After completing a PhD investigating PTSD and resilience in paramedics, Kamran is now working with the UCLan Stroke Research Team as a Research Associate. Alongside working to publish several papers from his PhD projects, he is researching on collaborative projects in the Stroke Research Team such as IMPROVISE and a systematic review on hydration and stroke patient outcomes.
Since joining the UCLan Stroke Team Kamran has largely been involved with the Stocktake survey conducted as part of IMPROVISE. In this role Kamran has developed a code book for a large amount of data taken from hospitals in India relating to stroke care and formatting the data into their respective codes. Kamran was also required to perform analysis on this data and present the results at team meetings in order to discuss how to take this project forwards. In addition, Kamran has been active in a systematic review of hydration and stroke patient outcomes. In this role he has worked alongside team members to develop a search strategy, locate research articles and read these to determine their inclusion. Alongside these main roles, Kamran provides assistance with the various projects and challenges in the Stroke Research Team.
As part of Kamran’s thesis, he designed a digital resilience fostering tool for paramedics using an exploratory sequential design. Firstly, he conducted a qualitative study on paramedics to investigate their psychological resilience in the face of critical work incidents and PTSD. This original project was conducted using online forums designed to facilitate conversations about mental health between paramedics. A number of interesting results were produced from this research, which was helpful in developing a self-taught digital resilience training (STDRT) for paramedics. The development of the STDRT is another project Kamran has been involved in during his PhD. This was a prototype of a digital program designed to help foster resilience in paramedics. The psychological content used designed to help foster psychological resilience was derived from both the literature review in Kamran’s thesis and the online forum study. The latter was useful in incorporating psychological resilience specific to paramedics as a workforce. This provided valuable experience in using computer-based designs and developing psychological interventions. An evaluation of feasibility for a main trial was conducted. Following the development of the STDRT, Kamran conducted a feasibility study to measure the potential of a main RCT being conducted with this program. Kamran was involved in recruiting paramedic students from UCLan and conducting a small-scale RCT. Additionally he administered psychometric scales designed to measure the participants’ resilience and PTSD symptomology, and performed statistical analyses for these results.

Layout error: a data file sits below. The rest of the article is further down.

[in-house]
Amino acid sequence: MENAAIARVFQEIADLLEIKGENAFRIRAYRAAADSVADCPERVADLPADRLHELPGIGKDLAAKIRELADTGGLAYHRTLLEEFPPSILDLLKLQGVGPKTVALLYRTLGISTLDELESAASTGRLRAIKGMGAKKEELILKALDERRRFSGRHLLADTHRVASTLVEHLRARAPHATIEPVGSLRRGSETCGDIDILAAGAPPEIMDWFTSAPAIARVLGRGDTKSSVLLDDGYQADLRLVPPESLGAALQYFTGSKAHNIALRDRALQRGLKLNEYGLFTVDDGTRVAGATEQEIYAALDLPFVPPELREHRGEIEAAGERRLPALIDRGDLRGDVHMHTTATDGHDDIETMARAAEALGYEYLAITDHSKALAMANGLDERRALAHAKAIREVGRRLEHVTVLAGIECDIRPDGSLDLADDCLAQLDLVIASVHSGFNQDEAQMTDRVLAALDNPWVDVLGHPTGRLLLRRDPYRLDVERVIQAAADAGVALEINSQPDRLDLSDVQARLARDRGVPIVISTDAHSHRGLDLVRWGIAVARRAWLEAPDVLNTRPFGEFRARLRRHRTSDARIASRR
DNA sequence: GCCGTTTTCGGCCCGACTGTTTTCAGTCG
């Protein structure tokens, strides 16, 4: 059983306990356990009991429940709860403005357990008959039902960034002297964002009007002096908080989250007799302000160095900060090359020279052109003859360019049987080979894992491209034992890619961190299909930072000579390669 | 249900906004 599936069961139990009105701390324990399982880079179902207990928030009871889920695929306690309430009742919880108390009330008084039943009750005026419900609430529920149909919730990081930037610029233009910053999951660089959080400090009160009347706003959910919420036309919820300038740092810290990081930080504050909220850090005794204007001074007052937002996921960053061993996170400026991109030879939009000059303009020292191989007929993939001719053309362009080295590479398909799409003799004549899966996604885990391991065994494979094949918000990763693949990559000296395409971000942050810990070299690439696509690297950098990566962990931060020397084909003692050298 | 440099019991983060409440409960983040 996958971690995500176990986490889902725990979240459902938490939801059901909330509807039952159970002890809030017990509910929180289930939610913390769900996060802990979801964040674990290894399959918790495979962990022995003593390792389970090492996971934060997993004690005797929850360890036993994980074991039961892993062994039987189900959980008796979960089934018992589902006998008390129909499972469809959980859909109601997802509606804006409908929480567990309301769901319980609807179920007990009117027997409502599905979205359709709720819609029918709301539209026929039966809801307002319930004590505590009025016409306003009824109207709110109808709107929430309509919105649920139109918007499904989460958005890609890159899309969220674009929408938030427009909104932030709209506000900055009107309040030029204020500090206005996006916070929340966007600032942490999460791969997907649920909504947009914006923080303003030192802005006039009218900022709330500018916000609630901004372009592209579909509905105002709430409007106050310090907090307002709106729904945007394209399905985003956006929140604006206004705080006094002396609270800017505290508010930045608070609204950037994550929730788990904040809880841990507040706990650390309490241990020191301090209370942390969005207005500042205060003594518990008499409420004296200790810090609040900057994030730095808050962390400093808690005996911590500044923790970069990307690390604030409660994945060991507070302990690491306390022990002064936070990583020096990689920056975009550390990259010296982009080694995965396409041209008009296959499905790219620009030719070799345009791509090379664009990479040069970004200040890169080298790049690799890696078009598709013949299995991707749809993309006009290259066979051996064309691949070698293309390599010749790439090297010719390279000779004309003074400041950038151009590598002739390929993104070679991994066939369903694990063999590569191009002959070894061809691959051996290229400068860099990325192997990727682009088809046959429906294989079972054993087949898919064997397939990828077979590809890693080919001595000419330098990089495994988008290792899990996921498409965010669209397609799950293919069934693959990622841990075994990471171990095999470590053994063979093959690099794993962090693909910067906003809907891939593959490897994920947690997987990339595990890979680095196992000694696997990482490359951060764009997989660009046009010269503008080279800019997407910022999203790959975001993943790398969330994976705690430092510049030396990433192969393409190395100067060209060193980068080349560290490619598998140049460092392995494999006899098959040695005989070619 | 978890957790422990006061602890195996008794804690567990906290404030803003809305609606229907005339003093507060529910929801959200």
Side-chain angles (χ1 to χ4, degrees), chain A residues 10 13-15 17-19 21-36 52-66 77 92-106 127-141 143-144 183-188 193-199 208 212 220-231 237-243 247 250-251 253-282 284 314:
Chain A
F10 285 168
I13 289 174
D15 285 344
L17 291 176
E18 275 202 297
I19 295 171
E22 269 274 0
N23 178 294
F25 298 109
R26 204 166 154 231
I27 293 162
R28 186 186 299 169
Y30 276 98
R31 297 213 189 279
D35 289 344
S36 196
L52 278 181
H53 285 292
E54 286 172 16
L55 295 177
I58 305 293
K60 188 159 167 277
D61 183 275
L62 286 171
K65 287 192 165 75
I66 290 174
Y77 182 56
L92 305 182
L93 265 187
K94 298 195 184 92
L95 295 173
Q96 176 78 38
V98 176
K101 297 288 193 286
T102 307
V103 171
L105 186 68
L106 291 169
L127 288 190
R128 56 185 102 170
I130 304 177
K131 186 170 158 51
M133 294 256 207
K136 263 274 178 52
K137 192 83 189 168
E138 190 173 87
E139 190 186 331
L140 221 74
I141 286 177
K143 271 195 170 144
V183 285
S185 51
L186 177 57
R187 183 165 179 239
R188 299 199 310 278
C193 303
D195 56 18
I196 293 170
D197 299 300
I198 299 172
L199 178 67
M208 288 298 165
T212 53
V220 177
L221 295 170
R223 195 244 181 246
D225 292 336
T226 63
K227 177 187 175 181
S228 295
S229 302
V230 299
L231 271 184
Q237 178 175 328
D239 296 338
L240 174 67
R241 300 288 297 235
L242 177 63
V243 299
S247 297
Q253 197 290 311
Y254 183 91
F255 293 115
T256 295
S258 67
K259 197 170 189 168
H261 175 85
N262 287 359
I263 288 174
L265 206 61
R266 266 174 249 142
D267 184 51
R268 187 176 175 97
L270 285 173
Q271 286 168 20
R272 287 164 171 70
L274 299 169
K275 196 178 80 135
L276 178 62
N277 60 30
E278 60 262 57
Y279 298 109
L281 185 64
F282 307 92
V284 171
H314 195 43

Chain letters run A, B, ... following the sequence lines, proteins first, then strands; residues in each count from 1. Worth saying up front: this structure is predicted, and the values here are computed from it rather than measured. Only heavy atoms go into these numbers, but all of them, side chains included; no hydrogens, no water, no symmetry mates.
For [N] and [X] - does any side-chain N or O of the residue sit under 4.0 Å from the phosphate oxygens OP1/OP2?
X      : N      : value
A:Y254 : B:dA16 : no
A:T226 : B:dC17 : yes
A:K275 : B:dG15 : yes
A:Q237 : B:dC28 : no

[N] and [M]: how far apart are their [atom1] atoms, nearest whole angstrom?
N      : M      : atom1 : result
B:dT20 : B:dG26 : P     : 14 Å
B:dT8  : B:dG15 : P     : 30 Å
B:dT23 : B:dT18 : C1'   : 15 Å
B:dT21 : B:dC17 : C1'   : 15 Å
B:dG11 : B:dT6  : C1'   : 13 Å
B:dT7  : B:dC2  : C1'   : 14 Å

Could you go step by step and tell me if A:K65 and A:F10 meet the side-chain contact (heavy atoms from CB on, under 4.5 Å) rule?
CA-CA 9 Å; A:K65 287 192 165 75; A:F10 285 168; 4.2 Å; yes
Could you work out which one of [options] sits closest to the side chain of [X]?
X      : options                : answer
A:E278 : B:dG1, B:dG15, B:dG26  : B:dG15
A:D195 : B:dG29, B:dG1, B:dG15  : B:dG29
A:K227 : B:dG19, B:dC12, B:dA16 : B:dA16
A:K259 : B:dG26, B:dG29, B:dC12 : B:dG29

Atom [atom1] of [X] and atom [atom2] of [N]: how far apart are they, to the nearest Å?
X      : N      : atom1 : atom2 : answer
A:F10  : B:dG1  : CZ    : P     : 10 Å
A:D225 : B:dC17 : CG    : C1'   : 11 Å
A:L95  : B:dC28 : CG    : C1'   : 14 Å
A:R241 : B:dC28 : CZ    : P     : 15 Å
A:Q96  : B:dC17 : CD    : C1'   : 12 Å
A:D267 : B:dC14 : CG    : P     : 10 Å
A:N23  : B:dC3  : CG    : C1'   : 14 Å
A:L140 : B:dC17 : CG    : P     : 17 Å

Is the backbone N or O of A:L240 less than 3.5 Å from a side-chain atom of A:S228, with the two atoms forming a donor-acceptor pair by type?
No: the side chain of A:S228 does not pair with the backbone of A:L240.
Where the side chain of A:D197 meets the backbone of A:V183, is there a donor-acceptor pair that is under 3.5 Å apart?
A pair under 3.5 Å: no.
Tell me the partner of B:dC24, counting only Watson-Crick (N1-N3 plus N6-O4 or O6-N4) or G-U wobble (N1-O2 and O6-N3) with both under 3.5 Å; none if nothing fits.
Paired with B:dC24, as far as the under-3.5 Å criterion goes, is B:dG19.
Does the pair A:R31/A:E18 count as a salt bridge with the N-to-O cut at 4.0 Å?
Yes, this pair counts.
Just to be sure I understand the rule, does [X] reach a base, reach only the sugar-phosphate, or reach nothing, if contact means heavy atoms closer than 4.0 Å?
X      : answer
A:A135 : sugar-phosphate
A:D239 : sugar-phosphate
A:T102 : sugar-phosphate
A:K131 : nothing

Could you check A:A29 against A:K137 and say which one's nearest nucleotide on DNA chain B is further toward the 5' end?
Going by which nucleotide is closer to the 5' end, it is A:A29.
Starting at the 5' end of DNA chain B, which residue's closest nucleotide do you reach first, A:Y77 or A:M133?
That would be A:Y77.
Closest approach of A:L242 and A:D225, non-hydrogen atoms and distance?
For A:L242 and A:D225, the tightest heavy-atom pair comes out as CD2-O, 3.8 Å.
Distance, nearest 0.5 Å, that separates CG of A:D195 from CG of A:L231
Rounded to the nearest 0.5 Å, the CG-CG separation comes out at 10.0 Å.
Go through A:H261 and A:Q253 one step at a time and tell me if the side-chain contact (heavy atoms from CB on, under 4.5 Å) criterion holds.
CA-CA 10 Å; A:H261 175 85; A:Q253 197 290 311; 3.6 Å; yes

- PhD Health Sciences, University of Central Lancashire, 2020
- MSc Developmental Disorders, Lancaster University, 2015
- BSc (Hons) Psychology, Lancaster University, 2014